But what happens when online flirting transitions to real-life dating? Dating in the online app age comes with acknowledging that there are many choices you gave up to be with someone. In that sense, ‘infinite feed’ dating apps cast a long shadow. Their existence enables people to negotiate the relationship on an ongoing basis: knowing that if this one doesn’t work, it is possible to move on, from unhappy, demeaning, or just plain unsafe relationships. And with the sex ratio online being what it is, women have a lot more choices when they leave.
For Indian men and women, this is a new and exciting development since we are not yet fully past being advertised about and married off by the family into the one and only relationship we will ever have unto death.
Houdini-like balancing act
There are mixed results for women, however, when it comes to agency outside the relationship. Having the ‘dating’ conversation with parents is still one that leaves women with a stone in their throats. Parental panic about an unmarried woman having lost her virginity is still a very real thing, so they often know their sons are dating, while having no idea about their daughters’ personal life because she keeps it secret. ‘I cannot tell my parents that my boyfriend lives with me,’ is a common refrain among young women. Entire plotlines of some Indian comedies hinge on this unfortunate fact, where boyfriends are hustled into cupboards or bathrooms when parents appear. A co-worker in a previous company met and then married her boyfriend in a court ceremony, but they kept living in their respective apartments for the next year despite the crazy Mumbai rents, in case her parents ‘just dropped in’.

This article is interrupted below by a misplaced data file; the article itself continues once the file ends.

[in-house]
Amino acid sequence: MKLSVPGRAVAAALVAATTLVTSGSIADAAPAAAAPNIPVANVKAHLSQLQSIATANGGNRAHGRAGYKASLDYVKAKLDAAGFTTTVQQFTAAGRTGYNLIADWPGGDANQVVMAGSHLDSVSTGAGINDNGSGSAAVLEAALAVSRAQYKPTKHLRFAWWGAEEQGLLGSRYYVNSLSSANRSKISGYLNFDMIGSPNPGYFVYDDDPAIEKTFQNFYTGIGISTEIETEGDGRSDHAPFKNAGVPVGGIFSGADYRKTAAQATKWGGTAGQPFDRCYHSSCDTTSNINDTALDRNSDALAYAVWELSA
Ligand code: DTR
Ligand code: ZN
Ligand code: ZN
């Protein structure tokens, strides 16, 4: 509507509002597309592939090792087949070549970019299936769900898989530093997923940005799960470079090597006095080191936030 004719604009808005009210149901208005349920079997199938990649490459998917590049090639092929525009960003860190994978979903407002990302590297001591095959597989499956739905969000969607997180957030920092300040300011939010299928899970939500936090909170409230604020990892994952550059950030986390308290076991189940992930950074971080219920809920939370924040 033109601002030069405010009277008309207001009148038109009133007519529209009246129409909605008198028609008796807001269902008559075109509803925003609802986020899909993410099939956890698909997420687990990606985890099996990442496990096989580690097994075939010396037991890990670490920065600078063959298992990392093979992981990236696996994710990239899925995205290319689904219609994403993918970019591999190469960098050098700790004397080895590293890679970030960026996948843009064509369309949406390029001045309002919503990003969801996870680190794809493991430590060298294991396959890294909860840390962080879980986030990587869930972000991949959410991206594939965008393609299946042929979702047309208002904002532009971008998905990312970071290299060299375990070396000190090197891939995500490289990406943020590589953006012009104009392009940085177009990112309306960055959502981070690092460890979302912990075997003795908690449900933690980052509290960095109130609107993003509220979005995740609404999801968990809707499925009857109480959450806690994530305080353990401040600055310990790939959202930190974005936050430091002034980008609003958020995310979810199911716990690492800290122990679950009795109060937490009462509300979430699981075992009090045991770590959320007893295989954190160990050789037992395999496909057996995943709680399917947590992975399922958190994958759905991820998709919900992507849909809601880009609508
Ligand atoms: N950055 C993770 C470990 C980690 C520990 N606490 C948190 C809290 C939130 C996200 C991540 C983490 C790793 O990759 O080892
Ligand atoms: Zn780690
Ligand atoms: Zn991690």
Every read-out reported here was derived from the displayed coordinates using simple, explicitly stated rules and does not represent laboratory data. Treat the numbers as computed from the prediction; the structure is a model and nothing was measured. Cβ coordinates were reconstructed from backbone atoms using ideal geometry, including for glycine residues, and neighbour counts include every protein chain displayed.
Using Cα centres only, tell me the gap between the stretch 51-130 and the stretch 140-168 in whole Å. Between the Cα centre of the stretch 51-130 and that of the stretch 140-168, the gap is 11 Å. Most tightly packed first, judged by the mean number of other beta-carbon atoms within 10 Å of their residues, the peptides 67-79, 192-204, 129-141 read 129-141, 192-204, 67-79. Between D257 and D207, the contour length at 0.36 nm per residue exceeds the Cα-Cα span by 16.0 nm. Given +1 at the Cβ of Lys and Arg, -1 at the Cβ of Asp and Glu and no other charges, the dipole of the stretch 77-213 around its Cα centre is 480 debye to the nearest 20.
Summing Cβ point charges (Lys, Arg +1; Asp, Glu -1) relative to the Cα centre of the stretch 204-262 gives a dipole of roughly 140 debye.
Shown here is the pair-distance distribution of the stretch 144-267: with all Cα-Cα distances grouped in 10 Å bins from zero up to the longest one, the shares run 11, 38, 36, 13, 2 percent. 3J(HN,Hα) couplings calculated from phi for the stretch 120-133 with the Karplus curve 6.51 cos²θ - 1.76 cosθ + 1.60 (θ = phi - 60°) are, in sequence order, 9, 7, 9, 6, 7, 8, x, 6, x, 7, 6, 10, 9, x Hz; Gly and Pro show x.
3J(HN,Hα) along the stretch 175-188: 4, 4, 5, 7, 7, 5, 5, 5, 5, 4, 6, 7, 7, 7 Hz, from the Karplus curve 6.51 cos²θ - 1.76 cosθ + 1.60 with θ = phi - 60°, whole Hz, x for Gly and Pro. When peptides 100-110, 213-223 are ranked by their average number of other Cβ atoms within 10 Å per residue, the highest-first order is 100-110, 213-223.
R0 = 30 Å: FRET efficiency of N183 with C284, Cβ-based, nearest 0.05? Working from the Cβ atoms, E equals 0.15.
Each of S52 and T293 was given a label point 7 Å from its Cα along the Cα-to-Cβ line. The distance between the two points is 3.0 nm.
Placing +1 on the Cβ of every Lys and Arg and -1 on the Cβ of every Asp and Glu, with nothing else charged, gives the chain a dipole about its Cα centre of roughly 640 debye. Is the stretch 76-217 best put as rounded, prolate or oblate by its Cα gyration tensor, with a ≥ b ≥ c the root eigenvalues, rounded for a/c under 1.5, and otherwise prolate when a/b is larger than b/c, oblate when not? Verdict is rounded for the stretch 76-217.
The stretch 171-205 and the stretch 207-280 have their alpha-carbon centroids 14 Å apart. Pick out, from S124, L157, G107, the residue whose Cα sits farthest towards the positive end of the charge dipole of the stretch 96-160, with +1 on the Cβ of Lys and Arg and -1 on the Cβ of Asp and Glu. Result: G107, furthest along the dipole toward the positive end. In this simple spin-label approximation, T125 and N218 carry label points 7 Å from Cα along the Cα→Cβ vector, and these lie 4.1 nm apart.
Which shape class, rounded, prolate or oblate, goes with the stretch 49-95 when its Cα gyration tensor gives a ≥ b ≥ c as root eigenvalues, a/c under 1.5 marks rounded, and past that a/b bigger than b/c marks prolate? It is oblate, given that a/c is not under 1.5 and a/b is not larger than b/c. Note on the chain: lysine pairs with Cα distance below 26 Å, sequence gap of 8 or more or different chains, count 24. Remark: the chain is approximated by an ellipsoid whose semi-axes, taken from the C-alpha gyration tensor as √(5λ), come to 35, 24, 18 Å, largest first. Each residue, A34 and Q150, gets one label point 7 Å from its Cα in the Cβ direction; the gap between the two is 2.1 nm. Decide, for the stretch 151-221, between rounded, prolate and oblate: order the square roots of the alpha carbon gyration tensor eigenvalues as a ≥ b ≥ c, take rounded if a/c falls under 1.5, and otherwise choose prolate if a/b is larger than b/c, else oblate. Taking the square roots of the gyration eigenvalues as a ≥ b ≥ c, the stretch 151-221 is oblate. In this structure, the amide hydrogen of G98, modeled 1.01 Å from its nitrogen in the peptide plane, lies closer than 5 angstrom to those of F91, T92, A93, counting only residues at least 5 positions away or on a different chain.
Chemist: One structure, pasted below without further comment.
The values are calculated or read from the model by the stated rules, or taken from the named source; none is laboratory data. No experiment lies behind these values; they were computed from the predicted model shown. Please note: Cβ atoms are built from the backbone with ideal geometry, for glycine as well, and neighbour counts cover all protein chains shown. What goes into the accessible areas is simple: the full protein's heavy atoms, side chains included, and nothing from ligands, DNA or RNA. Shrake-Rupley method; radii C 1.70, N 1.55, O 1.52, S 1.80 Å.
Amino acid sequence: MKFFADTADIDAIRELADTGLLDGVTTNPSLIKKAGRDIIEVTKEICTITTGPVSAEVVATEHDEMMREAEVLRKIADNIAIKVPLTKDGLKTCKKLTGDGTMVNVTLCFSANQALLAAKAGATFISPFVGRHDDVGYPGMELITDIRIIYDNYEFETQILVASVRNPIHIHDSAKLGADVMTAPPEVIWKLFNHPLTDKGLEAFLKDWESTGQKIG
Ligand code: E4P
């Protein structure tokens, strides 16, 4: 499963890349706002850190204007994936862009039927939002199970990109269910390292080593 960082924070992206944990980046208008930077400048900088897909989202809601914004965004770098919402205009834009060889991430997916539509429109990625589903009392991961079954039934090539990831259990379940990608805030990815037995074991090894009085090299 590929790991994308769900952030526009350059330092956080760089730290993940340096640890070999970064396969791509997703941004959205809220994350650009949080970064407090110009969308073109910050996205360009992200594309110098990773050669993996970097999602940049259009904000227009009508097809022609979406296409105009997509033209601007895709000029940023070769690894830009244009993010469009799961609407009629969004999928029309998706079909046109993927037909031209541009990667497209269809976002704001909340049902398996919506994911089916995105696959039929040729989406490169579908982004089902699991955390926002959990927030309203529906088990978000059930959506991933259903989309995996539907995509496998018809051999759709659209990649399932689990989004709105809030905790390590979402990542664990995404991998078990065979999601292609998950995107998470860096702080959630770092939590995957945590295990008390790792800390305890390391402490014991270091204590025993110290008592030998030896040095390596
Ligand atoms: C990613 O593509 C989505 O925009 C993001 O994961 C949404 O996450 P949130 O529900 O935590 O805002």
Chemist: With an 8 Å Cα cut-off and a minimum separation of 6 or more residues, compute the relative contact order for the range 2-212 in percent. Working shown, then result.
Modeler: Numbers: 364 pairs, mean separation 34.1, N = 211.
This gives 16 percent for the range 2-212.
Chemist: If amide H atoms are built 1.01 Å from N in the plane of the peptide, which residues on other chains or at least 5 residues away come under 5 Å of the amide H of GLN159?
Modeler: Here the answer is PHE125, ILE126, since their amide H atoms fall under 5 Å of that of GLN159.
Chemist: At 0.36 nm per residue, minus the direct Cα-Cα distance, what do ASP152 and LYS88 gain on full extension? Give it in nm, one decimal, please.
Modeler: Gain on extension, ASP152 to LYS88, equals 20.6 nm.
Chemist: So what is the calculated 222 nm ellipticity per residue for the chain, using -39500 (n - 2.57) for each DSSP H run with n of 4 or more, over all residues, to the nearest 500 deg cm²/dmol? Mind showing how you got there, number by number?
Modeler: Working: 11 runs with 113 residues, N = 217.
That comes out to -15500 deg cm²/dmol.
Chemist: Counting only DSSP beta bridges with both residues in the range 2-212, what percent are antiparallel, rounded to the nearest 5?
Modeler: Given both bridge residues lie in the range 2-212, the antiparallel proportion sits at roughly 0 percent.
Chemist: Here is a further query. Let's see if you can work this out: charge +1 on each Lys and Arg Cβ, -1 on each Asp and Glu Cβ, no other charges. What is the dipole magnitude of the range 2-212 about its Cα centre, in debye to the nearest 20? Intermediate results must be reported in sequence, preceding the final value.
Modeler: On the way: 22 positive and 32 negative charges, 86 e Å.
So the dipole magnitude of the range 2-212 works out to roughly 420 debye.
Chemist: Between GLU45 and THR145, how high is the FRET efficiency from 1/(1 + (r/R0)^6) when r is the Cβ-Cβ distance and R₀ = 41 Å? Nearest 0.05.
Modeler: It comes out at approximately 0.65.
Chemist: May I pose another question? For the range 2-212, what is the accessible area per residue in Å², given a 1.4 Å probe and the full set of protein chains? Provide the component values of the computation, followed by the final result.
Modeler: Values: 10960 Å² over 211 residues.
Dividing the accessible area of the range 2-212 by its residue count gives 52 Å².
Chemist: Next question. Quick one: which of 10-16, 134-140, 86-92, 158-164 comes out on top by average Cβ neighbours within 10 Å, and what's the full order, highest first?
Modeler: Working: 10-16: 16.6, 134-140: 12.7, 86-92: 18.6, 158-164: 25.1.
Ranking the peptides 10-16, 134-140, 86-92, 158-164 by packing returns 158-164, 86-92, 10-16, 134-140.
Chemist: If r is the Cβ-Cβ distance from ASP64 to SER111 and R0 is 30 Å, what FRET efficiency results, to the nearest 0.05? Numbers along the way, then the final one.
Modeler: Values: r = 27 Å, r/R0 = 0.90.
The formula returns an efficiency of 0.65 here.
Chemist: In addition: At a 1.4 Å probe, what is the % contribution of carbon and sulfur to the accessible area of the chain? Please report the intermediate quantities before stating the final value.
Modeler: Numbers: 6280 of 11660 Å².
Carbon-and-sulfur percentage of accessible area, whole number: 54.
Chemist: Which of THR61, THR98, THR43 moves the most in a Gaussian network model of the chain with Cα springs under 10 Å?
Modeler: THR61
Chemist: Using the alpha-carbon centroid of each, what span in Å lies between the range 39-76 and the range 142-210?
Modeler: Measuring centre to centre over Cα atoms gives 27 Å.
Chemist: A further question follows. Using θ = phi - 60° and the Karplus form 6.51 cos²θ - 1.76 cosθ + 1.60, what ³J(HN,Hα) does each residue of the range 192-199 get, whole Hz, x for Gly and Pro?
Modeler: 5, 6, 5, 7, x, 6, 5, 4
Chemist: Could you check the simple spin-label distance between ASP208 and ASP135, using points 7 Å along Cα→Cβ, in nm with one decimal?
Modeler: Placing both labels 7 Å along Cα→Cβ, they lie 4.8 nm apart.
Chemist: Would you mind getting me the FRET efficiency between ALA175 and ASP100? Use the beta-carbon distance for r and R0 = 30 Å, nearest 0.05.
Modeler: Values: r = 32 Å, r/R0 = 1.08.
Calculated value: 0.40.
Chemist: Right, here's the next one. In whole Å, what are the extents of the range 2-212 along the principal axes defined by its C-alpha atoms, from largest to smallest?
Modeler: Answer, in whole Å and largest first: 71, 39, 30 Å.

Yet young women persist balancing, Houdini-like, their different lives, being both the committed girlfriend and the dutiful daughter, renaming Saurabh as Surabhi in their phone contacts, keeping Tinder in folders marked ‘College Essays’ and so on. Because what is now on offer is far better than anything else.
Not in charge of sexuality
It’s the traditionalists’ own fault that the app-approach to romance has been so successful that women are using internet access to free themselves. They had plenty of time to come around to the idea of women’s needs and desires. But they never acknowledged them.